Minimum pricing, higher taxes and marketing restrictions are on the agenda as the World Health Organisation (WHO) meets next week to tackle the global issue of alcohol misuse.
The UN agency’s executive board will discuss the issue after drafting a global strategy document aimed at reducing the millions of deaths attributed each year to alcohol-related harm.
Alcohol is the third leading risk factor for premature death and disability in the world, the WHO says, and it was linked to nearly 4% of all deaths in 2004 – about 2.5m people.
‘The harmful use of alcohol compromises both individual and social development,’ the organisation’s draft strategy says.
‘It can ruin the lives of individuals, devastate families and damage the fabric of communities.’
The WHO strategy calls for ‘concerted action’ to tackle the issue, outlining a broad range of policy options related to the treatment and prevention of alcohol-related disorders, community action and the regulation of alcohol sales.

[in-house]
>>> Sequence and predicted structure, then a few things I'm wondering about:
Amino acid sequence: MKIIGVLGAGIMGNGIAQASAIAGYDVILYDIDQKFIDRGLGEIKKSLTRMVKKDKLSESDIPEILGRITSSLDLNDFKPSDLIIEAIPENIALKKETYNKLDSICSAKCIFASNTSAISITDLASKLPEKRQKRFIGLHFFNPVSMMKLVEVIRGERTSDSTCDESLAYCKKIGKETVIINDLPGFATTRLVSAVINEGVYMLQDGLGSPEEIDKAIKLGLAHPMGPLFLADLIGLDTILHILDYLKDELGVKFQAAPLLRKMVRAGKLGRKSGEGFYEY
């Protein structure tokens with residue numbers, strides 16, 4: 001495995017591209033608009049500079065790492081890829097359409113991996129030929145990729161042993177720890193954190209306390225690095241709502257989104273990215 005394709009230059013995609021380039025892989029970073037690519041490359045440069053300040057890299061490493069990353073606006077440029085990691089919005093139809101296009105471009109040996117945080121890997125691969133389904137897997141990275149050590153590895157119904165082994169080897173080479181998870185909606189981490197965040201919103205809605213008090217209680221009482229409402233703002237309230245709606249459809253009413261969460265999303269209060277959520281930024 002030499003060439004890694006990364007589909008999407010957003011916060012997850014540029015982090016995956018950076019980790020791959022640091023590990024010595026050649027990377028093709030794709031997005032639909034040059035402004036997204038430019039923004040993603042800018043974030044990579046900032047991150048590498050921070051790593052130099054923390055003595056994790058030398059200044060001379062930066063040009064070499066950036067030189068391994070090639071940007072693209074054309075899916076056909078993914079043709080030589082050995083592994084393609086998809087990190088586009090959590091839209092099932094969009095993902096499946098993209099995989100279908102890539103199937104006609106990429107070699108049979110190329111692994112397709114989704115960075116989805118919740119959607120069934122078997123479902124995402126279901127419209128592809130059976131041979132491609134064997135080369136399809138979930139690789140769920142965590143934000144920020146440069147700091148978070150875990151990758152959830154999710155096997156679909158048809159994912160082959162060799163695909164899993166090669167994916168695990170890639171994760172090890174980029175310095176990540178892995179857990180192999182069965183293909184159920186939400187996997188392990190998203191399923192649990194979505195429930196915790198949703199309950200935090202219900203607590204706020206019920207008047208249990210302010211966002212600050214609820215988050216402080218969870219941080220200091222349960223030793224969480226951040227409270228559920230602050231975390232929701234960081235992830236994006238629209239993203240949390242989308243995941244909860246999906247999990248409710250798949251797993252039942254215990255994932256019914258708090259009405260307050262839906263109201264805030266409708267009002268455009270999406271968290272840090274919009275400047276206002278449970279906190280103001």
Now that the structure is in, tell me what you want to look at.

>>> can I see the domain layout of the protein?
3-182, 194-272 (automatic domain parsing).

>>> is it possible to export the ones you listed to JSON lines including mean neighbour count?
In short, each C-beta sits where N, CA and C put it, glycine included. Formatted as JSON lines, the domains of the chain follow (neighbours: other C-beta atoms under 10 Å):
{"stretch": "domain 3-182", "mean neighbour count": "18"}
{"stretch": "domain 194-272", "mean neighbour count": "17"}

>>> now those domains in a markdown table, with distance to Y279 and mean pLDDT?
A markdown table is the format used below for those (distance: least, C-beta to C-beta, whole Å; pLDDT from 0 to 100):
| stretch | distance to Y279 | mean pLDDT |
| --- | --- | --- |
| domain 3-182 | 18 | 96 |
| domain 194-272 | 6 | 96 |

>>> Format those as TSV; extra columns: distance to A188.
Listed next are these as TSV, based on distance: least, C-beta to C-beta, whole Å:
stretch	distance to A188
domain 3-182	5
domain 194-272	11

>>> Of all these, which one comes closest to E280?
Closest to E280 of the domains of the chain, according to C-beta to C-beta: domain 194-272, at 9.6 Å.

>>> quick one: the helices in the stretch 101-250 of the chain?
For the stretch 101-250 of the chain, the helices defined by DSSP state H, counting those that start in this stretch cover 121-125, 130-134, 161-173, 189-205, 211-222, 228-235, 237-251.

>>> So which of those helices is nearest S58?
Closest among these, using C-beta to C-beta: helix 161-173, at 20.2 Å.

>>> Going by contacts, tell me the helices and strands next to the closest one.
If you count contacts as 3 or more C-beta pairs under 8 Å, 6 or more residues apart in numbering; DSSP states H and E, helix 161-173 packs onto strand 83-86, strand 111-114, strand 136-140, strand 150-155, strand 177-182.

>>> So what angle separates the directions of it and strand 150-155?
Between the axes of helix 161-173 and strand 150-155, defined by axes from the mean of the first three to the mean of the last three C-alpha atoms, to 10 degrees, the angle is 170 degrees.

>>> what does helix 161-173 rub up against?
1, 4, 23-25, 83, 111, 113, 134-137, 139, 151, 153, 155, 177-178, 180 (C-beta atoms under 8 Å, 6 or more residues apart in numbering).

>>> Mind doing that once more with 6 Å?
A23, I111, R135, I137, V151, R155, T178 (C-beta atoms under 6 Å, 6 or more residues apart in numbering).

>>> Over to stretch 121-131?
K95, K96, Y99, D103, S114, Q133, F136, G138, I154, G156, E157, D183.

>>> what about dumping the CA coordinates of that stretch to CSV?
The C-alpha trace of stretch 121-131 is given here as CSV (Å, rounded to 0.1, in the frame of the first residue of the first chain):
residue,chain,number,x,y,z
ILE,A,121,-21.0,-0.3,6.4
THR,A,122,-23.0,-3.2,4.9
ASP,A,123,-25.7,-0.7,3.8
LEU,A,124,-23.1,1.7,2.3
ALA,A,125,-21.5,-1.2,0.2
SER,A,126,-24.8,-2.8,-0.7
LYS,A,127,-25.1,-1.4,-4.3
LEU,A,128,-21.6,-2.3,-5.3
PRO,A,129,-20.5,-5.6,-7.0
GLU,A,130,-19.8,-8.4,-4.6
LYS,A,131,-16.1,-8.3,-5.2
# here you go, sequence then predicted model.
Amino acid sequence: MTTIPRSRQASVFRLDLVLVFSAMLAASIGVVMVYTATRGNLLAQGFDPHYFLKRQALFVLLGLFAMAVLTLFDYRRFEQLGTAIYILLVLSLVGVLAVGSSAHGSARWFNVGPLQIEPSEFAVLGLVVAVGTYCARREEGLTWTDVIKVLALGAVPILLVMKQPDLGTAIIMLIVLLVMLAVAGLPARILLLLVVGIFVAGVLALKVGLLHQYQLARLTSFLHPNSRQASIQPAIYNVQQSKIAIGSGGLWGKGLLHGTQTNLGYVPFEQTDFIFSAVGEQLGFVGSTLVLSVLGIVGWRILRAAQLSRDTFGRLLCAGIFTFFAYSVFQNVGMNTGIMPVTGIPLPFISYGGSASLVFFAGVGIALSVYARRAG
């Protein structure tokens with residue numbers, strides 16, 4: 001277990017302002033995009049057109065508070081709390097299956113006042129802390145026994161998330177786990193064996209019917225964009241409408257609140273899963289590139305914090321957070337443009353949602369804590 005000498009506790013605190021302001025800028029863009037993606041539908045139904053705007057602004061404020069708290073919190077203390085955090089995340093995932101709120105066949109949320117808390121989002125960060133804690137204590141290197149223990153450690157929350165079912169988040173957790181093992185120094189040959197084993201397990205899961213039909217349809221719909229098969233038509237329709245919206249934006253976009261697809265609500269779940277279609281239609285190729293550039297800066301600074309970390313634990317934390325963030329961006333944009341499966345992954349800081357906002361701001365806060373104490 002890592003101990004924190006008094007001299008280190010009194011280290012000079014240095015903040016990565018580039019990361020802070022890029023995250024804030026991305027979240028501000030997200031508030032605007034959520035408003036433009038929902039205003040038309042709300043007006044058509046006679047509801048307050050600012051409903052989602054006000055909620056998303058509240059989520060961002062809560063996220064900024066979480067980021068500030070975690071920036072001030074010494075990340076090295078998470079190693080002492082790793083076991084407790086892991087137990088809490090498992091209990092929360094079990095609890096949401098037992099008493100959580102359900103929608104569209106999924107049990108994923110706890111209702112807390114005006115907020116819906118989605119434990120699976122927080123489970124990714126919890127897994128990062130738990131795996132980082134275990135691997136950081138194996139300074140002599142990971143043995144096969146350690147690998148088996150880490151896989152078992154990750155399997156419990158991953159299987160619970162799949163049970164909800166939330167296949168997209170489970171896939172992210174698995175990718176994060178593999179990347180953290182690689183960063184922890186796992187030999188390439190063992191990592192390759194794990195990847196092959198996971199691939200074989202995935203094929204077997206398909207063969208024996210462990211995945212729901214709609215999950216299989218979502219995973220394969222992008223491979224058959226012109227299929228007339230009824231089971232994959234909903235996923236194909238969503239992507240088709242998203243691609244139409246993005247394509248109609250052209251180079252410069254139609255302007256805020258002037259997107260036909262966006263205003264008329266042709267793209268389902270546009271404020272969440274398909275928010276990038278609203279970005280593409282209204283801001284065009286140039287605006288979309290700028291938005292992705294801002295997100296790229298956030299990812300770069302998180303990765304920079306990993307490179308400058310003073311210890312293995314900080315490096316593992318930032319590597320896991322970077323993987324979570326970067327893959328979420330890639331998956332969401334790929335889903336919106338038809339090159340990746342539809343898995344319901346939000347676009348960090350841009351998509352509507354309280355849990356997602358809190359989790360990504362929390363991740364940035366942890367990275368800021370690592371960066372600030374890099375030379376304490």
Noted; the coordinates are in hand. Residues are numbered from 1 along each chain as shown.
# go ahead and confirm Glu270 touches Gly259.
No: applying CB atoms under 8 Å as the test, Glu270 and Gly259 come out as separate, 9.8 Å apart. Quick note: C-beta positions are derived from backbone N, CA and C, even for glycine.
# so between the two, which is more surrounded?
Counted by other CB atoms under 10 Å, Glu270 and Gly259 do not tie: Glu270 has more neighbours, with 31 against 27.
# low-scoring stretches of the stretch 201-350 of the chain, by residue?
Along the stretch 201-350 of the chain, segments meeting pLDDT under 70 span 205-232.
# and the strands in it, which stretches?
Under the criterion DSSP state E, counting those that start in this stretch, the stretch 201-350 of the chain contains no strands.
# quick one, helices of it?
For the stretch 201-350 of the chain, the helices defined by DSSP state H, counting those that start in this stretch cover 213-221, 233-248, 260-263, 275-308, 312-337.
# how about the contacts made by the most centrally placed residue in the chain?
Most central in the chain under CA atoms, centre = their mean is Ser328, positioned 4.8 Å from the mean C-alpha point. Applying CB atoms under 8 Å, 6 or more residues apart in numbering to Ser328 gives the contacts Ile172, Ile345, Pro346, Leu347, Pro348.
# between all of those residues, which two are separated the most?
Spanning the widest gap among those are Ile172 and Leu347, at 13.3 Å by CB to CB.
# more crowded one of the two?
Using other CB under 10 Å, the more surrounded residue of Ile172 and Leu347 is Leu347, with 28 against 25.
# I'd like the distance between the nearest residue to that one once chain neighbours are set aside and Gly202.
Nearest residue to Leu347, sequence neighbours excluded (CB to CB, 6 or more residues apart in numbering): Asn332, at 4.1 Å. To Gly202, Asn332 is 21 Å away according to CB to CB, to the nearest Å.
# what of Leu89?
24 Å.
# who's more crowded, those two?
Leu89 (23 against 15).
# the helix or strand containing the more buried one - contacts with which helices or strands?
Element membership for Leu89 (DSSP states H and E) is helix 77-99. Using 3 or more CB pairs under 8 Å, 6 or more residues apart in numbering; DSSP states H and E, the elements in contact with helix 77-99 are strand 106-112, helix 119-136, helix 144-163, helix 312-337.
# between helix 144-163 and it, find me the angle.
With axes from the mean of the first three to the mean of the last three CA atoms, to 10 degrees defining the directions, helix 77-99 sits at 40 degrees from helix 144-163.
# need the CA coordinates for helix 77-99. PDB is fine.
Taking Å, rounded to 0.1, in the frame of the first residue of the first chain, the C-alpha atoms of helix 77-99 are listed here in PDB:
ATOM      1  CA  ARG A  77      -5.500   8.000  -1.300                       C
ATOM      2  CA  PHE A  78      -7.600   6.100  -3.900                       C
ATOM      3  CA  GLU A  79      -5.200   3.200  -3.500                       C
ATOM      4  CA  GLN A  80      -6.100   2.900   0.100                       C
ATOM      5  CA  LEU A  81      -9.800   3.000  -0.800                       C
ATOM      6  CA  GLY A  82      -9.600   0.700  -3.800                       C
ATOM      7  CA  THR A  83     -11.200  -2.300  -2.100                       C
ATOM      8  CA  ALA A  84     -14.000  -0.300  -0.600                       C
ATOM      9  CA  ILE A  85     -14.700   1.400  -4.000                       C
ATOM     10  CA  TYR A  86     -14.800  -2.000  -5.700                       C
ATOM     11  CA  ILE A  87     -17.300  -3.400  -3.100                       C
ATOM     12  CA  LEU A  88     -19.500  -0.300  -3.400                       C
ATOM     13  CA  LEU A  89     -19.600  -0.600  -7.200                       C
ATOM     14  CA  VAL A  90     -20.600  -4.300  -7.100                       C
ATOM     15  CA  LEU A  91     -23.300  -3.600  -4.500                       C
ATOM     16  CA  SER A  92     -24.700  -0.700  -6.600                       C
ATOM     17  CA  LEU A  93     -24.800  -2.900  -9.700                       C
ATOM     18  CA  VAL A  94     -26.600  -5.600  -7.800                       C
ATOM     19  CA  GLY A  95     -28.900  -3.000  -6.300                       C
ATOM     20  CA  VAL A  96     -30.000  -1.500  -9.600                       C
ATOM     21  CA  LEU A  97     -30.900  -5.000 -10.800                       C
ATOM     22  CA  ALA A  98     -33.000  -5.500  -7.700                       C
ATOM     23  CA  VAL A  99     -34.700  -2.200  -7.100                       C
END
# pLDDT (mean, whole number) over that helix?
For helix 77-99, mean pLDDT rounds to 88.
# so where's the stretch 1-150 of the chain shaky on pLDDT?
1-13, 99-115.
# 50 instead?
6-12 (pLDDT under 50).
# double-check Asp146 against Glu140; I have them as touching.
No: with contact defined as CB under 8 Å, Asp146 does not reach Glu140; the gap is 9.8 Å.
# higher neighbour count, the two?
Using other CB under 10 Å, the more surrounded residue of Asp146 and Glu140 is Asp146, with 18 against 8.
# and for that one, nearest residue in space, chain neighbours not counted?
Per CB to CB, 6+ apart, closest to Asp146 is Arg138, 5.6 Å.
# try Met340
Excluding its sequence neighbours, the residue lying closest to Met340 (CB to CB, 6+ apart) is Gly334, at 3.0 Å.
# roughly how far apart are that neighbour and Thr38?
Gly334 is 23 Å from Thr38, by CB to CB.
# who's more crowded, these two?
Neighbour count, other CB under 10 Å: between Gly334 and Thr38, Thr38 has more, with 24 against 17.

Most controversially, the policy options include the possible raising of the minimum age for purchasing alcohol, as well as the introduction of higher taxes and minimum pricing.
‘Increasing the price of alcoholic beverages is one of the most effective interventions to reduce harmful use of alcohol,’ the WHO says.
Such increases – criticised by opponents for penalising sensible drinkers – would have a much greater effect on heavy drinkers, the report claims.
Should the strategy be approved next week, it will be referred to the WHO’s annual assembly in May for formal adoption, but will have no binding legal force with national governments.
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Written by Richard Woodard